We know that "In the American Society" is written from a first person point of view because of the pronouns used in the story. The narrator presents the conflict through her own perspective, using pronouns like I, my, our, and we as she relates the events. Check out this segment of the text with those first person pronouns identified:
She also invited Mona and me to the going on, as "demi-guests" to keep Annie out of the champagne. I wasn't too keen on the idea, but before I could say anything, she had already thanked us for generously agreeing to honor her.
Of course, anything inside the quotation marks of dialogue won't count as you're looking for these first-person pronouns, so be sure to focus on narrative sections of the text.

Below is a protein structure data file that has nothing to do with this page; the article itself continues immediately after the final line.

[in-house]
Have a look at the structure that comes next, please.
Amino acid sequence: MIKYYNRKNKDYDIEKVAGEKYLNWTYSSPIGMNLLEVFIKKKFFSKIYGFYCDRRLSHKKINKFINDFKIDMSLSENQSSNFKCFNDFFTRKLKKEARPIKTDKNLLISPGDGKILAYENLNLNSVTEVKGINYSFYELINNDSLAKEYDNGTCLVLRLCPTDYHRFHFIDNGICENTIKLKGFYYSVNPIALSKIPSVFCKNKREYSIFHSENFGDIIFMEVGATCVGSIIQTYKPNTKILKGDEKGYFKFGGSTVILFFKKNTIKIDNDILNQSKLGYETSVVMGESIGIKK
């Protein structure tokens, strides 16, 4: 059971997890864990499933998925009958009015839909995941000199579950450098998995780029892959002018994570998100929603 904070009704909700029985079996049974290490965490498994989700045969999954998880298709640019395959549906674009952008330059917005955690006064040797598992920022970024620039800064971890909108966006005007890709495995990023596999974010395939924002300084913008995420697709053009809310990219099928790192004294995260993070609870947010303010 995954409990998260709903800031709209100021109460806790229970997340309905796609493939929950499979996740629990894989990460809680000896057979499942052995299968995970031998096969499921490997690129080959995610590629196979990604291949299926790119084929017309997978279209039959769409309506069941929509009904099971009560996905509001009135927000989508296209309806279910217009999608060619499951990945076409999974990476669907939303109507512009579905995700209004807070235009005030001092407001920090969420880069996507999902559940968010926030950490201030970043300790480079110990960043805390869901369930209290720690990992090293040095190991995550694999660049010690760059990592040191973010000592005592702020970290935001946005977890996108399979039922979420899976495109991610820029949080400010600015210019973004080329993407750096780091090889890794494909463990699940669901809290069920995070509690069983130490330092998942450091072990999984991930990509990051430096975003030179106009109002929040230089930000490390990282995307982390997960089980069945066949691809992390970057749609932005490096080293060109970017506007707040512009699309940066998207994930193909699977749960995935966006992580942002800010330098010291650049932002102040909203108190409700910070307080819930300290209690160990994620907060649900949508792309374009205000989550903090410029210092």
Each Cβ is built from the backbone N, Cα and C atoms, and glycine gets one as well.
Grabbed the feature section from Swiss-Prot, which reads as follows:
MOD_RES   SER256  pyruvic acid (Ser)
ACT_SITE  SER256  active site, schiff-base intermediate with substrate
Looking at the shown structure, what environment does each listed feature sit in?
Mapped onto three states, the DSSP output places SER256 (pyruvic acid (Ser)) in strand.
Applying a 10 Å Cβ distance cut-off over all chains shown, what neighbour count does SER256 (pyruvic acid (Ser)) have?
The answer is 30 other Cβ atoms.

First person point of view helps intensify the conflict in this story. Because the narrator's mother wants to join a country club, the entire family is fairly dragged to a "bon voyage bash" for Jeremy, a friend of one of the members. At the party, the narrator watches as Jeremy insults her father; as a young woman, she is essentially powerless to intervene on his behalf in this context. She presents the conflict, initiated by Jeremy, through the conversation that transpires when Jeremy loudly insults her father and then tries to force him to take off his shirt in front of everyone.
After the family leaves, the strength of the family is particularly clear because of the first-person narration of this young girl. Though they have all witnessed her father being insulted, the family is proud of his act of defiance and follow the leadership he provides.